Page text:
February 4, 2010
The panel looked into trends in crude oil supply and demand.
The panelists reached a broad conclusion that oil trends will be much more restrained than commonly believed. Christoph Ruehl, BP’s chief economist, pointed out that since the crisis, OECD countries have seen a 4 mln bpd decline in crude oil consumption, which he sees as a structural development that is unlikely to be reversed in the near term. Indeed, the entire global incremental increase in demand over the past six years has come from countries that subsidize oil products – an expensive policy that will have to end at some point. Edward Morse said that due to the impact of high prices on demand, 2009 may be the first year in over a decade in which more oil was found than consumed.
Meanwhile, supply is being restrained by artificial barriers in producing countries that have little to do with geology and more to do with the political and tax situation. The Iraqi government may impose a quota on itself and rein in its 12.5 mln bpd potential as it is the one taking the pricing risk under contracts with Western majors (and would thus capture the entire benefit from a higher oil price); production in Iran, Iraq, Venezuela and Nigeria has fallen short of the consensus forecast of 10 years ago as those countries policies have dampened production. Mr Ruehl pointed out that what has given OPEC its pricing power, despite the latter producing well below half of all global oil, is that non-OPEC producers failed to respond to seven consecutive years of rising oil prices earlier this decade due to internal problems.
Within Russia itself, the crisis has dampened expectations of possible shortages in the long run. TNK-BP saw its retail sales fall 8-10% in 2009, the company’s CFO Jonathan Muir said (although demand somewhat rebounded in January 2010). Alexei Makarov of the Russian Academy of Sciences’ energy studies think-tank said that the country’s recently unveiled 2030 Energy Strategy allows for a scenario where growth is half the pace as under old assumptions, with timelines for field development moved back years and a renewed emphasis on efficiency. However, true energy efficiency is being held back by subsidized gas prices, which have a dampening effect on all other energy prices as well, he said.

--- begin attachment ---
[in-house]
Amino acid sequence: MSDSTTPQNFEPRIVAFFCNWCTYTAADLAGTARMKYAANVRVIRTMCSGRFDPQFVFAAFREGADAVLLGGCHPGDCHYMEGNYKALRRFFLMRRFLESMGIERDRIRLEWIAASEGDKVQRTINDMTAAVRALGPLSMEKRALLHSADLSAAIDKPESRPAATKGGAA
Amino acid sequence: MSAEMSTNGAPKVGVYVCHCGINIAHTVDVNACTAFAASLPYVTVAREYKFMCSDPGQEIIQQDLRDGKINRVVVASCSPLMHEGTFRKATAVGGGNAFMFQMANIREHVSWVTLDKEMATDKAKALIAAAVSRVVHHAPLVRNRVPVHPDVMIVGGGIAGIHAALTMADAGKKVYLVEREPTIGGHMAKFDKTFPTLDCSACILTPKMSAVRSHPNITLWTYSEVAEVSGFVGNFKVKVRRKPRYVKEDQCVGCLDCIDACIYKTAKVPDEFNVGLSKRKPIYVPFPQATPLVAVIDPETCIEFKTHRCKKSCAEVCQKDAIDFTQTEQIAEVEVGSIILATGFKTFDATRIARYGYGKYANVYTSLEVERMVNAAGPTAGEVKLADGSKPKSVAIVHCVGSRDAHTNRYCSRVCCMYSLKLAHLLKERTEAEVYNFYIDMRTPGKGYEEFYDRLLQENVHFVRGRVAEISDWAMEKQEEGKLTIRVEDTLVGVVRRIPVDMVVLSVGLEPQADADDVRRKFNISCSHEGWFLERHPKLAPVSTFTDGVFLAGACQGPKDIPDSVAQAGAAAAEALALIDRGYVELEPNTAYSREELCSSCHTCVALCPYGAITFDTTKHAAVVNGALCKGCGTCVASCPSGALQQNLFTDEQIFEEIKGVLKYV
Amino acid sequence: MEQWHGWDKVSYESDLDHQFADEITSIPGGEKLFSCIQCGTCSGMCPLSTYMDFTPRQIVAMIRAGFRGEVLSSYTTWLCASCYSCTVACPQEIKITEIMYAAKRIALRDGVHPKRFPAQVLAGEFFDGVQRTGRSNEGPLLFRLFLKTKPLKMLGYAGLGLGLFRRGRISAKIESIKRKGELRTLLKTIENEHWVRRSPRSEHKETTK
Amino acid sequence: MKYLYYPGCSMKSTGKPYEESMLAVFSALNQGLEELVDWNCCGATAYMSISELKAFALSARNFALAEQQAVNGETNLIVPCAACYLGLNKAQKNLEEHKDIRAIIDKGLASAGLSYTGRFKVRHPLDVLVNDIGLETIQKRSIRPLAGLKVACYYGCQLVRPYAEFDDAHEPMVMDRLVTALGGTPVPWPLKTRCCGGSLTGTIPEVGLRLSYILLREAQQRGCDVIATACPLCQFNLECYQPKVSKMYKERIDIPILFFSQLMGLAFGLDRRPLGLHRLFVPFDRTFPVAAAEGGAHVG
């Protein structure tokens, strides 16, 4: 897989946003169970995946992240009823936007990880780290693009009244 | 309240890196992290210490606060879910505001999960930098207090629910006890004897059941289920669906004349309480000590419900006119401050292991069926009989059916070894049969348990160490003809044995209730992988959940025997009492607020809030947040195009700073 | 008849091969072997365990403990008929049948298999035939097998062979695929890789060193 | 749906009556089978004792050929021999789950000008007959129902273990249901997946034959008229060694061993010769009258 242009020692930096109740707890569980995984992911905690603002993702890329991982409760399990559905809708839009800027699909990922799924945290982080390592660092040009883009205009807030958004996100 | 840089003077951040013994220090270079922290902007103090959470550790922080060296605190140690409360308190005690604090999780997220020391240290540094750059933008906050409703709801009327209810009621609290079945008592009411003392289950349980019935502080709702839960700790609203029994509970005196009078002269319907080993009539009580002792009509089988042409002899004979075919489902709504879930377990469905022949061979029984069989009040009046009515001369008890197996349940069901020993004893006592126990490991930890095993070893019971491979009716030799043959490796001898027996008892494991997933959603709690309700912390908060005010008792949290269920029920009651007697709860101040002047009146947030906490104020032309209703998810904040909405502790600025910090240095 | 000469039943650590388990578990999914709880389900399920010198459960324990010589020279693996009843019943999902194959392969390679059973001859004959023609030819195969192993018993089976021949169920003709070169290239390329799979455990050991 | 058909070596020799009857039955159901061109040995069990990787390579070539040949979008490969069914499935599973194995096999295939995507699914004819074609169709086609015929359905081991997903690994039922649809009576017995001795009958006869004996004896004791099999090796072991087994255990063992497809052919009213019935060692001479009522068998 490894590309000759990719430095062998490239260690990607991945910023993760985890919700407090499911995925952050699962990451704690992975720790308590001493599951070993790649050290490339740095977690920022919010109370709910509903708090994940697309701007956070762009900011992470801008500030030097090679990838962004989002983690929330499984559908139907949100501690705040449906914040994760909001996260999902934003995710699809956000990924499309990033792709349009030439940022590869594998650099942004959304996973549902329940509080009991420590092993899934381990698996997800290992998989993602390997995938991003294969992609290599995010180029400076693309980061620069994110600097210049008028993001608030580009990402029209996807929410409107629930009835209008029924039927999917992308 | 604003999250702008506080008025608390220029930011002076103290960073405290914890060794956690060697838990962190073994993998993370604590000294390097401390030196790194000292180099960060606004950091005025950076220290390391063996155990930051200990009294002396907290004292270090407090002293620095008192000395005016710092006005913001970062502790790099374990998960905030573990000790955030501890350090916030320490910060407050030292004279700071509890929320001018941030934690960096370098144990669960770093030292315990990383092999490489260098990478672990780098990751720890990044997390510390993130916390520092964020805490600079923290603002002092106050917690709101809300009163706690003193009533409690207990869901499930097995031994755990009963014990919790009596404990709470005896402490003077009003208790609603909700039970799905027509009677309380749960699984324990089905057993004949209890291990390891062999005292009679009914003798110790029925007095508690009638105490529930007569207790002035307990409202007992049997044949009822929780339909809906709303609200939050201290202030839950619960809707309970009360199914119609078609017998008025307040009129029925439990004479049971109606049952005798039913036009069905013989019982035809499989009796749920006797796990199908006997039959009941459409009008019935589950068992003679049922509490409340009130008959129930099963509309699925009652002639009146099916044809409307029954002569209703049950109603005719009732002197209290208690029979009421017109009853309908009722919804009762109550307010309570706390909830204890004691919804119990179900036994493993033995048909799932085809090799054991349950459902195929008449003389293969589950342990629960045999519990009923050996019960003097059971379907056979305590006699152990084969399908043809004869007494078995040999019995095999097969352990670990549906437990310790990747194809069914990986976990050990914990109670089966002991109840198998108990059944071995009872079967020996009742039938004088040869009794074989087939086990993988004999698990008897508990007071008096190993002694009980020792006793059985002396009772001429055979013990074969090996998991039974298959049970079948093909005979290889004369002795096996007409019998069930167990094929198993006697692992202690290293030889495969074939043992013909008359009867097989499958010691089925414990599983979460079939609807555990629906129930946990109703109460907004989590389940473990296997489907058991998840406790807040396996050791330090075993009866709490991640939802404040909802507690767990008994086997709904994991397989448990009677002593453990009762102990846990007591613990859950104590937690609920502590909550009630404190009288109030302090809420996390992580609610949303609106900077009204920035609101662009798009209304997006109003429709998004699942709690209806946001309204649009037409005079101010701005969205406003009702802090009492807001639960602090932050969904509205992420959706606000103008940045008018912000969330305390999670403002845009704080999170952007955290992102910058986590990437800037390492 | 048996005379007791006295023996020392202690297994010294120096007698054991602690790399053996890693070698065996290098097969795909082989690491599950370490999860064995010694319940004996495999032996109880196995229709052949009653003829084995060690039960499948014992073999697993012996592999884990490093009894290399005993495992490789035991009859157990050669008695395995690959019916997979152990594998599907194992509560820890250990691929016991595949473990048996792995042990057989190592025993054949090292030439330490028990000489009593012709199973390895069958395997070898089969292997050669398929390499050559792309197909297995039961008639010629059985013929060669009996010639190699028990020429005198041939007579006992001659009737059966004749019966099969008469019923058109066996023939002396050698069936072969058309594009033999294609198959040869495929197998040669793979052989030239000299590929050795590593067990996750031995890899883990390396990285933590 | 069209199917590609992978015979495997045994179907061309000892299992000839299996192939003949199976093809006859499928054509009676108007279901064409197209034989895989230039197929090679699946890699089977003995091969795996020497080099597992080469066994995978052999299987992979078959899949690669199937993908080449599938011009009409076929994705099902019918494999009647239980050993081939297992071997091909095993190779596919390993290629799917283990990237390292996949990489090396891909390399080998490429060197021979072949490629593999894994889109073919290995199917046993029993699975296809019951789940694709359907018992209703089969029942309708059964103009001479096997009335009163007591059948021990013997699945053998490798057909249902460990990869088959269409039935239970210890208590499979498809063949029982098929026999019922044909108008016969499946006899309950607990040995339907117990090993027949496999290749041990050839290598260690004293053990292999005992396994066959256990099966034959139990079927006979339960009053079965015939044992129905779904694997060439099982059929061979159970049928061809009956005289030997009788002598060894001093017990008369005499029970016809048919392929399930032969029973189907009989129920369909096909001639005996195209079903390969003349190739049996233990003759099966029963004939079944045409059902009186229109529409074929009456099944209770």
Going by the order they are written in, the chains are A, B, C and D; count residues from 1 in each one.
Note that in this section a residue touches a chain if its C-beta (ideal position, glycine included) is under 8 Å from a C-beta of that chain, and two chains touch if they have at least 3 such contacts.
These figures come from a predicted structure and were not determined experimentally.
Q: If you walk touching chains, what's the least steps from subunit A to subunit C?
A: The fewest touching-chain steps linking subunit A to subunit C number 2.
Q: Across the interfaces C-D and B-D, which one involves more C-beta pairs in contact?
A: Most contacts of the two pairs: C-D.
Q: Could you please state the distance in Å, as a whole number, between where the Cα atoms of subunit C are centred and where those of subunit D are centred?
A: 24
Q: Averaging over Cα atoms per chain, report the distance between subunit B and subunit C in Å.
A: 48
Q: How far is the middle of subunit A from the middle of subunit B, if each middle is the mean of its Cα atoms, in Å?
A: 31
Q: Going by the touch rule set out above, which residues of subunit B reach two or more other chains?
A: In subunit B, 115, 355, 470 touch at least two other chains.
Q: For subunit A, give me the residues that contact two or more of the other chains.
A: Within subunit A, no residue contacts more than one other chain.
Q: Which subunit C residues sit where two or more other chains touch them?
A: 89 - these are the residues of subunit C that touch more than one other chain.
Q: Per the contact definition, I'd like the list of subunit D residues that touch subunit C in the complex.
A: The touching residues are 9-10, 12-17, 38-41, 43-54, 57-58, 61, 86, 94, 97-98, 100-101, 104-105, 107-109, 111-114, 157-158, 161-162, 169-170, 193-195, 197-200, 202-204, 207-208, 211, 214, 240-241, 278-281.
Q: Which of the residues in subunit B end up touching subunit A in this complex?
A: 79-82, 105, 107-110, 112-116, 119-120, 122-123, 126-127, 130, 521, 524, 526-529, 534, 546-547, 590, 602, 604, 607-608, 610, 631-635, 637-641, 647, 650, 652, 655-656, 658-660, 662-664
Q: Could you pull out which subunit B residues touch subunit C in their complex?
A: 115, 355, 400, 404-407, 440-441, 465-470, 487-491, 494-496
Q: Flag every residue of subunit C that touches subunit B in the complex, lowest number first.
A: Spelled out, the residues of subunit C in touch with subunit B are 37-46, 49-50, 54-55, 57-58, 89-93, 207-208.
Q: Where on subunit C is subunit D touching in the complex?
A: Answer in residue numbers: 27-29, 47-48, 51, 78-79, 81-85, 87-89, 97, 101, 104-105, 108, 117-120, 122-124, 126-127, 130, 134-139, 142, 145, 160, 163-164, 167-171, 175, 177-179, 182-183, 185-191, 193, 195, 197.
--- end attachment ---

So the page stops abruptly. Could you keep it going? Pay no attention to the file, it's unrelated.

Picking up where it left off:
IEA chief economist Fatih Birol pointed out that China ? the one country seen by the world as the engine of global oil demand – is putting increasing stress on energy efficiency. Indeed, it sees that as part of its security policy. Mr Morse said that despite growth in imports, China’s real oil consumption is impossible to pin down, as there is no visibility on how much oil it may be stockpiling.
The speakers touched upon the peak oil theory. The problem with peak oil is that it assumes constantly rising demand, which lately has not been the case, according to Birol. Once you adjust for slower demand, Doomsday is shifted back significantly. Michael Lynch compared peak oil enthusiasts to Platonists, who are content at looking at the numbers but cannot interpret them. Extrapolating cyclical trends simply does not work: in 1991, peak oil theorists saw a drop in Soviet production and predicted that by today, Russian output would be down to 4 mln bpd ? less than half the level where it is now. Getting oil out of the ground and avoiding peak oil is not in itself a problem, he suggests. “It’s really always a problem of trying to avoid peak taxes.”
Rosneft’s Peter O’Brien agreed with Lynch. With oil at $70/bbl, Rosneft is paying about $50/bbl in direct taxes on all levels, plus $5/bbl in transportation costs, which have tripled over the past decade and go to Russian pipeline monopoly Transneft; hence the company thinks of this as a tax as well. Lifting costs are down to just $2.5/bbl. “So you can bring as much technology as you want, that will do little good” for unit profitability and extraction rates”, O’Brien said. Rosneft has already decided to lower the planned plateau at several fields because the current tax regime makes high output unprofitable.